Puerto Rico Photography Locations

Puerto Rico has some of the best photography locations around. We loved the Cabo Rojo lighthouse and Crash Boat the best, but look at all our spots. If you travel to the island, you can come home with award-winning photography. There are some dynamic places for photography. The island’s terrain changes as you go, and so many different atmospheres and geographics exist.

We made a 5-day trip but only covered about half of the island. We photographed several places and put together our favorite locations to photograph in Puerto Rico. 


Cabo Rojo Lighthouse – Our Favorite Photography Location


The Cabo Rojo Lighthouse is situated in the southwestern town of Cabo Rojo, right next to two beaches – Playa Sucia and Playuela Beach. One can soak up the sun and soak their feet in the sand at either beach, and then take a leisurely stroll around the lighthouse surrounded by awe-inspiring scenery. The area when the sun sets absolutely perfect for taking beautiful photographs or just simply immerse in nature’s wonders.


Heading to the Cabo Rojo Lighthouse from San Juan will take approximately three hours of travel, depending on traffic. To begin the journey, start by exiting San Juan and getting onto PR-52 highway. Keep driving until you reach PR-22 and turn when signs point towards it. On Road 301 you’ll be able to see the lighthouse, so make sure to follow the signs! It is always a good idea to have a mobile map handy in case roads look confusing – this will help ensure that you make it to your destination without any fuss.


Lens: There are no specific lens recommendations for this location. Take both your wide-angle and telephoto lenses, because you will need the wide angle to capture the full breadth of the falls, but it can be an effective night photography spot at the right time of year, so pack your zoom lens too. Remember, this can be a great night photography location at the right time of year, so bring your neutral density filters too!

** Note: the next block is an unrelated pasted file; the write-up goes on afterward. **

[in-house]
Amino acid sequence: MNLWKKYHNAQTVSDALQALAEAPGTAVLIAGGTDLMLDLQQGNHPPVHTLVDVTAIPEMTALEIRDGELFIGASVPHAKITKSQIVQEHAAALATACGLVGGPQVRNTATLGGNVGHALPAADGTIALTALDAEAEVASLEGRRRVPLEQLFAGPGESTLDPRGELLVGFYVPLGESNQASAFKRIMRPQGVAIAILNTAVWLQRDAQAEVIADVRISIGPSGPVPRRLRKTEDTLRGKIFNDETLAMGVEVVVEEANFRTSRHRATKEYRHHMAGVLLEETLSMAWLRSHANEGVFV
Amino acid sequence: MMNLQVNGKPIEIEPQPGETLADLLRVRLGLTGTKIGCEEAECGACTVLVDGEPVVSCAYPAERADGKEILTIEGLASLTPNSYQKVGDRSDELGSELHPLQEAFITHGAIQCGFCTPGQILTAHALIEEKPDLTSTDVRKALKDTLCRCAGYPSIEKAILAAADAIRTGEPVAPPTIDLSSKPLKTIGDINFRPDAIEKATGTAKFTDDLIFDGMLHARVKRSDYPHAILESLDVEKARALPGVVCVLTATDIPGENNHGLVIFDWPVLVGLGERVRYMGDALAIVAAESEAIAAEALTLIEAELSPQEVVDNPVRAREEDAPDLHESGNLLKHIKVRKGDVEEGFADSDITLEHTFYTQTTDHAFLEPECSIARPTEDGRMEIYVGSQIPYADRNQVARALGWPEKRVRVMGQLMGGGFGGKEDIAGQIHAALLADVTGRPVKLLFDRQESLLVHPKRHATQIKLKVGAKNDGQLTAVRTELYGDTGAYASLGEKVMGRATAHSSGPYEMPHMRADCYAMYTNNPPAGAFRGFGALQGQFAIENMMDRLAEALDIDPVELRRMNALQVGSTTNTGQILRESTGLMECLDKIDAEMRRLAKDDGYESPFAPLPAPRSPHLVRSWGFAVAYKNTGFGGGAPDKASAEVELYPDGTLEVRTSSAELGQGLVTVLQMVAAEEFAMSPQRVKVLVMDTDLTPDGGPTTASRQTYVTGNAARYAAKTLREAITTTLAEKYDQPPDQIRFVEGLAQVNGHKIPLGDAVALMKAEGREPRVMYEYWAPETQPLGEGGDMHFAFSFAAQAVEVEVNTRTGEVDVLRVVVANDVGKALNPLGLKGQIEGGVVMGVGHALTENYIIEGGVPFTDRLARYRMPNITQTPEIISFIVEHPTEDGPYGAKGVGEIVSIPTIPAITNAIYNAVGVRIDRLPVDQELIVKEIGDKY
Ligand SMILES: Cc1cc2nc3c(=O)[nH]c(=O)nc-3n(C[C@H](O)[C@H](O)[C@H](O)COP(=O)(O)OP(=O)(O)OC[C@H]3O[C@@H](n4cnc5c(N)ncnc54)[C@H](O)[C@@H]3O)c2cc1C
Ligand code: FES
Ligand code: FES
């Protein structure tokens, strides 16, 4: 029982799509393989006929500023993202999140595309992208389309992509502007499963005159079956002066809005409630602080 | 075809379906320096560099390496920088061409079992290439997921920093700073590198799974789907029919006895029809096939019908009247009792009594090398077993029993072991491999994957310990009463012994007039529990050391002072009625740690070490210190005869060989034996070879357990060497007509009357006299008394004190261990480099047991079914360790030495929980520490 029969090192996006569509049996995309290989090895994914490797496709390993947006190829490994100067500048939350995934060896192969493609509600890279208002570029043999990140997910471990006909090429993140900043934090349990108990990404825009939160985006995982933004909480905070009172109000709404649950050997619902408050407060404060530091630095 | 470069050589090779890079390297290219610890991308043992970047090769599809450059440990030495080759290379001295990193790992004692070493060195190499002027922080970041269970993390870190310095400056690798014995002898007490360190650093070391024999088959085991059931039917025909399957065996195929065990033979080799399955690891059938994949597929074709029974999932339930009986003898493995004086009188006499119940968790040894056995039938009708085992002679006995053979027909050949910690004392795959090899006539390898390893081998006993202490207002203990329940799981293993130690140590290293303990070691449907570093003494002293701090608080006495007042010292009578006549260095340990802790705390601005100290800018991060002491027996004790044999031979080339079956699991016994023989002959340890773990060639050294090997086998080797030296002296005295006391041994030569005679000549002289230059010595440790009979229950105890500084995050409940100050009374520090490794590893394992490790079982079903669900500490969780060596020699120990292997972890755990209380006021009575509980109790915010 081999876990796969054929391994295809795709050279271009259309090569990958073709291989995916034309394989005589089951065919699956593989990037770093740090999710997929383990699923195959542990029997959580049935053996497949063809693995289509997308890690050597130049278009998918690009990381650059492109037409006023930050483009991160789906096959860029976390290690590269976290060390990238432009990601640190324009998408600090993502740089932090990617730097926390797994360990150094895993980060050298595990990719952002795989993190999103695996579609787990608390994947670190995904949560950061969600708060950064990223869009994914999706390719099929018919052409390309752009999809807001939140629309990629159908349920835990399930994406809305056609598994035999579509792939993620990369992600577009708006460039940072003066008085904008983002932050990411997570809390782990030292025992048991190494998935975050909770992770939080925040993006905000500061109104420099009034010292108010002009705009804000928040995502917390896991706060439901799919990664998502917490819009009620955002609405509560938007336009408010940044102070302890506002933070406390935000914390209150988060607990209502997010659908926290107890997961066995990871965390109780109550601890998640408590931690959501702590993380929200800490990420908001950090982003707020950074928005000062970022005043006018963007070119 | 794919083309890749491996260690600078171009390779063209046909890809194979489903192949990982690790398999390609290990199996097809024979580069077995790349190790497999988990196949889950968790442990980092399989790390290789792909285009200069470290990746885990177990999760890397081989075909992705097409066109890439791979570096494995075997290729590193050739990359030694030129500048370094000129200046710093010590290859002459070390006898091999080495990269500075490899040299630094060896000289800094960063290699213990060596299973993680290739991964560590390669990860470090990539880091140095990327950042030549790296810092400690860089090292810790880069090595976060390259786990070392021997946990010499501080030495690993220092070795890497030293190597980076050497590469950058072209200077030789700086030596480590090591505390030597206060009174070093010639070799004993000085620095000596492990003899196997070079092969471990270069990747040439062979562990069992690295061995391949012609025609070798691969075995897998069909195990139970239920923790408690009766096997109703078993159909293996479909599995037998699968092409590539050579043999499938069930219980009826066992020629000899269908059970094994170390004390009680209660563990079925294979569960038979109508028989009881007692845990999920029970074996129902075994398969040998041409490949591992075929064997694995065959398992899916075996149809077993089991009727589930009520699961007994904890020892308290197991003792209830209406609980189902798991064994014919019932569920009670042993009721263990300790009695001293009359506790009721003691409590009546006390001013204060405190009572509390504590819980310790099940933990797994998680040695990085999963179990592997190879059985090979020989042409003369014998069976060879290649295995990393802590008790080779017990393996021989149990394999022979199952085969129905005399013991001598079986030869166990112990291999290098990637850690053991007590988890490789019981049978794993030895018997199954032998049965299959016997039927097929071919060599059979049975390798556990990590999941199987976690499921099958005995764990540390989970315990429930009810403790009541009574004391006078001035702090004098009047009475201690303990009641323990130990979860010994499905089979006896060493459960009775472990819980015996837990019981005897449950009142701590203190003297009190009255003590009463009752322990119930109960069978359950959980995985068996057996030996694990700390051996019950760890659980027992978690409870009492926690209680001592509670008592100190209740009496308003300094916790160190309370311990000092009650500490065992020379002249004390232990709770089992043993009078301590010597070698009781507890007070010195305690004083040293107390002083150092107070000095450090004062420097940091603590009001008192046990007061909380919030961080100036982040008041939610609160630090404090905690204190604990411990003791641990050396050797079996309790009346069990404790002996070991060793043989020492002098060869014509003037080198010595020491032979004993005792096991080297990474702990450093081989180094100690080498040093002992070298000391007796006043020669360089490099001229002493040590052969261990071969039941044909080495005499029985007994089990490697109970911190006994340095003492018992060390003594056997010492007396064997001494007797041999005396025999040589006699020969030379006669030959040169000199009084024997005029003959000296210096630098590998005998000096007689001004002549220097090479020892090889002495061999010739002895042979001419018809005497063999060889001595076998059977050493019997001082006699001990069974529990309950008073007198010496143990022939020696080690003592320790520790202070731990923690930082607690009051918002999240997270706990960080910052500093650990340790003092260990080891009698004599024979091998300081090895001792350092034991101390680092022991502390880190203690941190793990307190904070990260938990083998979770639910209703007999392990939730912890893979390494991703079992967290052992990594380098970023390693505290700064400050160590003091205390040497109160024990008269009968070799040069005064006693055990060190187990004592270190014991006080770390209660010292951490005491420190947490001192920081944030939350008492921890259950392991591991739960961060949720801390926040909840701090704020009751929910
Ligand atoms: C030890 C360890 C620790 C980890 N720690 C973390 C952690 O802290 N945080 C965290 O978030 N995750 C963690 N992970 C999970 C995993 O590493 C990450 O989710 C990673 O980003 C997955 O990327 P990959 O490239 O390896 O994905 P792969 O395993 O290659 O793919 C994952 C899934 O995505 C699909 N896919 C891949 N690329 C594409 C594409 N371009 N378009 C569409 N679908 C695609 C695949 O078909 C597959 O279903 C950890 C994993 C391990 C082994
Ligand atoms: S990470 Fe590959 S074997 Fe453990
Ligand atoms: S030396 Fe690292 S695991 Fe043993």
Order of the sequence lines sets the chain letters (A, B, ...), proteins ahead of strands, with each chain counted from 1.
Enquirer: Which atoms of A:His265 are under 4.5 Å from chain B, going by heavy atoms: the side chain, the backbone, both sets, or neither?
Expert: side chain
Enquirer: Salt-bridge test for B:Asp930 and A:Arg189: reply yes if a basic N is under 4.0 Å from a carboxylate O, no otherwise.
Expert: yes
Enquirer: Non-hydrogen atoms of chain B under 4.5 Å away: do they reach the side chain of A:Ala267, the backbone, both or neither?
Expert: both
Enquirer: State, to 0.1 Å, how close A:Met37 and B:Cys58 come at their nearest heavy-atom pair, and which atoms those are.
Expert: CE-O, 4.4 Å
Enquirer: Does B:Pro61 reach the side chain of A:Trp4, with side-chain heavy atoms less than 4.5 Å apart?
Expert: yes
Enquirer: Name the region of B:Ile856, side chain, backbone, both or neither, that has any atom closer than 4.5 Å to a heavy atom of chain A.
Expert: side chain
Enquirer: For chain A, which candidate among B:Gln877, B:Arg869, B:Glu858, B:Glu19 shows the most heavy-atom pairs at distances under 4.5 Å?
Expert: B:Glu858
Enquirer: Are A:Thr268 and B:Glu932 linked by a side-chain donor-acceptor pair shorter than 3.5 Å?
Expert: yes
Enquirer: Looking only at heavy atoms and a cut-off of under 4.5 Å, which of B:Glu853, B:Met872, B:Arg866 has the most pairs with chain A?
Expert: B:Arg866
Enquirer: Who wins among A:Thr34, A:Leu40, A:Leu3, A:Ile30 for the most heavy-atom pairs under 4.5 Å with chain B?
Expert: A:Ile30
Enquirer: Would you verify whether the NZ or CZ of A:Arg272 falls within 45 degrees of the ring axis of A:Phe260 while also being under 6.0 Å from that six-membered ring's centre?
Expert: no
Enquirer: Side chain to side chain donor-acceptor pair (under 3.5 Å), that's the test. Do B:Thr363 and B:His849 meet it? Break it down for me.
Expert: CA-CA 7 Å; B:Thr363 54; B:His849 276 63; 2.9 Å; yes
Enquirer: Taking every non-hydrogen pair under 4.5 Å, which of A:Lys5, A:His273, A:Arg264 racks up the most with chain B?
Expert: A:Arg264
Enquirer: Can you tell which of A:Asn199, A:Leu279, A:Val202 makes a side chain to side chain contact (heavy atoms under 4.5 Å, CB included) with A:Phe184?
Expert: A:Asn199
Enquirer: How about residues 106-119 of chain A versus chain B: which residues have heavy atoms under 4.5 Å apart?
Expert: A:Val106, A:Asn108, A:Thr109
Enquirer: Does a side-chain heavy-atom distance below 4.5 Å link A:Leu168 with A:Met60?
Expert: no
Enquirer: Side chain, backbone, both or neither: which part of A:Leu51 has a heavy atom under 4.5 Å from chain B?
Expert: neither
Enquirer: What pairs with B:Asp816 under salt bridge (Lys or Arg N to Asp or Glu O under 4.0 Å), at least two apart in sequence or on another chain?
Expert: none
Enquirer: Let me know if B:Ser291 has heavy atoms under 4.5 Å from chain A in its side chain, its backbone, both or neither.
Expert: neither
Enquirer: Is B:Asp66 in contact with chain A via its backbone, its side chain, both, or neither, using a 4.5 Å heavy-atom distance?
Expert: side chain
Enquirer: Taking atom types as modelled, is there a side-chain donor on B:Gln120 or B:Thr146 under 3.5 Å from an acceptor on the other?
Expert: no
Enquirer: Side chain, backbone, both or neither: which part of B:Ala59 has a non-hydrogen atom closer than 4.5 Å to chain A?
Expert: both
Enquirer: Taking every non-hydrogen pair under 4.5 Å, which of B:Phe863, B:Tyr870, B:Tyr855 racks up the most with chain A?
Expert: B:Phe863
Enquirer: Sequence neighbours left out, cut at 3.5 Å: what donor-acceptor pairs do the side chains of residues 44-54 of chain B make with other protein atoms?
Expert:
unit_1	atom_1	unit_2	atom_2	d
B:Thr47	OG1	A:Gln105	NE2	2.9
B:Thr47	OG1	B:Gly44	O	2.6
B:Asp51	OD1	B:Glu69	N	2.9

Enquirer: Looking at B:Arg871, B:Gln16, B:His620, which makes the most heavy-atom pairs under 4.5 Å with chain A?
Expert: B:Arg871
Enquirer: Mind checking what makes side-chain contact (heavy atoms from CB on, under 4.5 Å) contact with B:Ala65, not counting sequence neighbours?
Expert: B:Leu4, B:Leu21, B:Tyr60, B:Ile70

Gear List at a Glance: Circular polarizing filter , neutral density filters , tripod , shutter release , wide-angle and zoom lens . CPL filters will help you to create dynamic images. We recommend never shooting outdoors without one. They will make your white puffy clouds whiter, take the silver glare off of water and replace it with a beautiful reflection. You have moving waters at the location, so you will want to have your neutral density filters with you to get the long exposure, milky water effect. We used our ten stop ND filter to create the long exposure ghost effect of the rare picture of Pamela Goodyer. 

When to Go: Any time of year. It is a tourist location, so midweek is the best offseason. Summer can be sweltering, of course.

Puerto Rico,USA History

Puerto Rico, Officially the Commonwealth of Puerto Rico and briefly called Porto Rico, is an unincorporated territory of the United States, located in the northeastern Caribbean Sea.

It is an archipelago that includes the main island of Puerto Rico and a number of smaller ones such as Mona, Culebra, and Vieques. The capital and most populous city is San Juan. Its official languages are Spanish and English, though Spanish predominates. The island’s population is approximately 3.4 million. Puerto Rico’s rich history, tropical climate, diverse natural scenery, renowned traditional cuisine, and attractive tax incentives make it a popular destination for travelers from around the world.

The Tiano People

Originally populated by the indigenous Taíno people, the island was claimed in 1493 by Christopher Columbus for the Crown of Castile, and it later endured invasion attempts from the French, Dutch, and British. Four centuries of Spanish colonial government transformed the island’s ethnic, cultural and physical landscapes primarily with waves of African captives and Canarian and Andalusian settlers. In the Spanish imperial imagination, Puerto Rico played a secondary but strategic role compared to wealthier colonies like Perú and Mexico. Such a distant administrative control continued right up until the end of the 19th century, helping to produce a distinctive Creole Hispanic culture and language that combined elements from the Natives, Africans, and Iberian people. 1898 following the Spanish–American War, the United States appropriated Puerto Rico with most former Spanish colonies under the terms of the Treaty of Paris.

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